Eckart Förster, “How Are Transcendental Arguments Possible?” in Reading Kant: New Perspectives on transcendental arguments and Critical Philosophy, ed. Eva Schaper (Oxford: Blackwell, 1989), 3-20.

Béatrice Longuenesse, “Kant on a priori concepts: the metaphysical deduction of the categories,” in Kant on the Human Standpoint (Cambridge: Cambridge University Press, 2009), 81-116.

Kant, CPR A95-A130.

WEEK FIVE: THE A DEDUCTION

Dieter Henrich, “Kant’s Notion of a Deduction and the Methodological Background of the First Critique,” in Eckart Förster, ed., Kant's Transcendental Deductions: the Three Critiques and the Opus Postumum (Stanford: Stanford University Press, 1989), 29-46.

Béatrice Longuenesse, Kant and the Capacity to Judge, tr. C.T. Wolfe (Princeton: Princeton University Press, 1998), 35-58.

Allison, Kant’s Transcendental Idealism, “Objective Validity and Objective Reality: The Transcendental Deduction of the Categories,” 133-172.

Kant, CPR B129-B169.

WEEK SIX: THE B DEDUCTION

Feder-Garve Review, in Brigitte Sassen (ed. and trans.), Kant’s Early Critics: The Empiricist Critique of the Theoretical Philosophy (Cambridge: Cambridge University Press, 2000), 53-58.

Ulrich Review, in Sassen, Kant’s Early Critics, 210-214.

Kant, Metaphysical Foundations of Natural Science, ed. and trans. Michael Friedman (Cambridge University Press, 2004), 10-12. (Just the long footnote).

Longuenesse, Kant and the Capacity to Judge, 211-242.

WEEK SEVEN: THE PRINCIPLES OF PURE REASON

Kant, CPR A131/B170-A218/B265.

Wolff, Rational Thoughts, in Watkins, Kant’s Critique of Pure Reason, 9-10.

Allison, Kant’s Transcendental Idealism, 229-74.

WEEK EIGHT: IDEALISM AND THE POSTULATES OF PURE REASON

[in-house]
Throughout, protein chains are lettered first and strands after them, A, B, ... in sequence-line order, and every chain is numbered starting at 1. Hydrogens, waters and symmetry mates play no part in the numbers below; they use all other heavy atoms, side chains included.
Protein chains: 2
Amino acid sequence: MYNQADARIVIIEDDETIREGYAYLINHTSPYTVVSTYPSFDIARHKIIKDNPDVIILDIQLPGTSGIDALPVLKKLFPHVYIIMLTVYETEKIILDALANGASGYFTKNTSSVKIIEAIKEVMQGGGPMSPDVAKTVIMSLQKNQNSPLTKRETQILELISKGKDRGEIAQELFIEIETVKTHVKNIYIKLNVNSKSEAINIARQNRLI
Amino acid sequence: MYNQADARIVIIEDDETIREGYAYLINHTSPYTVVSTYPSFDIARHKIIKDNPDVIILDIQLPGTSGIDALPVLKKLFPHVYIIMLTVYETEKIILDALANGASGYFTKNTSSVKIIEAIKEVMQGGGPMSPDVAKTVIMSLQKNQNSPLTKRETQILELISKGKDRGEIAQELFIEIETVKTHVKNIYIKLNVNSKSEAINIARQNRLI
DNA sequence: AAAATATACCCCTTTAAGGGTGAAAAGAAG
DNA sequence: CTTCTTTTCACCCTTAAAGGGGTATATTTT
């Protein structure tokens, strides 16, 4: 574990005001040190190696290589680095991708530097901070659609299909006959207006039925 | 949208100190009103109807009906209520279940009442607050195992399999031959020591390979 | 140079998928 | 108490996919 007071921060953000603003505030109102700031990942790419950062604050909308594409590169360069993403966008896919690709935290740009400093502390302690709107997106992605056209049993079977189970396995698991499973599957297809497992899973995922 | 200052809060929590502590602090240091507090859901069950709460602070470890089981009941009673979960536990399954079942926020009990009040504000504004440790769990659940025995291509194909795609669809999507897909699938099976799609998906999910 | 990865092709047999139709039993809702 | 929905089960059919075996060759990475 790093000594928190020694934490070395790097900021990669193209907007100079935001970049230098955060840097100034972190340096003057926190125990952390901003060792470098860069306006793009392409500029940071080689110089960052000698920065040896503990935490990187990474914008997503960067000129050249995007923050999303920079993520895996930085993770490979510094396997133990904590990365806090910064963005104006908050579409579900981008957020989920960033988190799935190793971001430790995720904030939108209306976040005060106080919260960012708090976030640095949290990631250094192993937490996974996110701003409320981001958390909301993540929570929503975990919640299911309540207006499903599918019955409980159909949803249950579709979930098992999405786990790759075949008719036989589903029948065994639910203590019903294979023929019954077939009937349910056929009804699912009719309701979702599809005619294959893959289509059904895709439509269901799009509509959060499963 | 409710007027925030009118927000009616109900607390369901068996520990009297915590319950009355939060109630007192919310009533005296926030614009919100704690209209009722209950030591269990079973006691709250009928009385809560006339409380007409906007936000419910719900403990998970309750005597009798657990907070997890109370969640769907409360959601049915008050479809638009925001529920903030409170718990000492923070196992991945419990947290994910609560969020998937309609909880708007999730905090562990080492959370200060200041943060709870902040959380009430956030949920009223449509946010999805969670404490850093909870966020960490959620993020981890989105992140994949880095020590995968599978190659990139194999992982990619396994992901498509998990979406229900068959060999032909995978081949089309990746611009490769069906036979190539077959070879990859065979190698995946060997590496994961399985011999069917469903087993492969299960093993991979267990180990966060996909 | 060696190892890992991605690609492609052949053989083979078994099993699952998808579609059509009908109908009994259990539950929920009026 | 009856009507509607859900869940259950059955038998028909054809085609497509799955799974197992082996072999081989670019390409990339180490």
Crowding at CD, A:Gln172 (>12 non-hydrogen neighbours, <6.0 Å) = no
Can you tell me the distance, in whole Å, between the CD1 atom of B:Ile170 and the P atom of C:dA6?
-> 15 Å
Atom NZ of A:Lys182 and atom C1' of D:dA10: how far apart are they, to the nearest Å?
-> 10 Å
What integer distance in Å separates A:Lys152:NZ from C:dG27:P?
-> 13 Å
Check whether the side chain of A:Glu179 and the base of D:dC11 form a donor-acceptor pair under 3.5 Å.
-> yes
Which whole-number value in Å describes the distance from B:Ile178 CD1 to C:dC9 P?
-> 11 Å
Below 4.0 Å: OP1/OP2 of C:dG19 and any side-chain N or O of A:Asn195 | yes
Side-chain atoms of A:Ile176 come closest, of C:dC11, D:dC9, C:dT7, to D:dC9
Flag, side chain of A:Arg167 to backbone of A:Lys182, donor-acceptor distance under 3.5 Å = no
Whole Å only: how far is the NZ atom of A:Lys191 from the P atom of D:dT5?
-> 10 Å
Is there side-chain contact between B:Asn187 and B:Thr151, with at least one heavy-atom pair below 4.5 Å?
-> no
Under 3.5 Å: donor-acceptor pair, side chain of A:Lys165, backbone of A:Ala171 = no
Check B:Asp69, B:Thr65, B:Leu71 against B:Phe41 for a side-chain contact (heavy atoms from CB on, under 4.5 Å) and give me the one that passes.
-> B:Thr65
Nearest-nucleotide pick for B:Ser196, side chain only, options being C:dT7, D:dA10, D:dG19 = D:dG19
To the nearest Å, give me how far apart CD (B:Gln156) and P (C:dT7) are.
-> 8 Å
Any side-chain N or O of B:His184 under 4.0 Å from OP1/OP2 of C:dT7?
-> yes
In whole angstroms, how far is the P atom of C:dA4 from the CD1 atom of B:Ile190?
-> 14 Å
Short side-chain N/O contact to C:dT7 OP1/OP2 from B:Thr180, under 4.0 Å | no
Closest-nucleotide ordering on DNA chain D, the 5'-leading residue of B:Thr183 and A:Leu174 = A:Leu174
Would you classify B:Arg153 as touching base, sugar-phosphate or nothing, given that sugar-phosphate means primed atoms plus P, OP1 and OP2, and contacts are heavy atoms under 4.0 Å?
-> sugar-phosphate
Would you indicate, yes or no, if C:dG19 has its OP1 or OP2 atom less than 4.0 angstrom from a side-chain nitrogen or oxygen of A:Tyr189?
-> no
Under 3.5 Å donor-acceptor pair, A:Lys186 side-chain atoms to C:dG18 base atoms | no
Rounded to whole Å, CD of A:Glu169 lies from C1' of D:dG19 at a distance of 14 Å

Kant, Prolegomena to Any Future Metaphysics, ed. and trans. Gary Hatfield (Cambridge: Cambridge University Press, 2011), §§6-13.

Kant, CPR A218/B266-B294.

Johann Nicolaus Tetens, Philosophical Essays on Human Nature (1777), in Watkins, Kant’s Critique of Pure Reason, 369-373.

Henry Allison, “Kant’s Critique of Berkeley,” Journal of the History of Philosophy 11 (1973), 43-63.

Jennifer Mensch, “Kant and the Problem of Idealism: On the Significance of the Göttingen Review,” The Southern Journal of Philosophy 44: 2 (2006), 297-317.

WEEK NINE: PHENOMENA AND NOUMENA

Kant, CPR A235/B295-A260/B315.

Tetens, Philosophical Essays on Human Nature, in Watkins, Kant’s Critique of Pure Reason, 377-382.

Henry Allison, “Things in Themselves, Noumena, and the Transcendental Object,” Dialectica 32 (1978): 41-76.

WEEK TEN: TRANSITION TO THE DIALECTIC

Kant, CPR A260/B316-A338/B396.

GHR Parkinson, “Kant as a Critic of Leibniz. The Amphiboly of Concepts of Reflection,” Revue Internationale de Philosophie, vols. 136-137 (1981), 302-314.

WEEK ELEVEN: THE PARALOGISMS OF PURE REASON

Kant, CPR A338/B396-B432.

Martin Knutzen, Philosophical Treatise on the Immaterial Nature of the Soul (1744), in Watkins, Kant’s Critique of Pure Reason, 75-83.

Wolff, Rational Thoughts, in Watkins, Kant’s Critique of Pure Reason, 7-9, 46-49.

Karl Ameriks, Kant’s Theory of Mind (Oxford: Oxford University Press, 2000), 84-127.

WEEK TWELVE: THE ANTINOMIES

Kant, CPR A476/B504-A567/B595.

Leonhard Euler, Letters to a German Princess (1760-1762), in Watkins, Kant’s Critique of Pure Reason,

213-226.

Alexander Baumgarten, Metaphysics (1739), in Watkins, Kant’s Critique of Pure Reason, 101-114, 119-

120.

Allison, Kant’s Transcendental Idealism, “The Antinomy of Pure Reason,” 35-61.

WEEK THIRTEEN: THE IDEAL OF PURE REASON AND THE CRITIQUE OF THEOLOGY

Kant, CPR A568/B595-A642/B670.

Crusius, Sketch of the Necessary Truths of Reason, in Watkins, Kant’s Critique of Pure Reason, 165-169.

Michelle Grier, “The Ideal of Pure Reason,” in The Cambridge Companion to Kant, ed. Paul Guyer (Cambridge: Cambridge University Press, 1992), 266-289.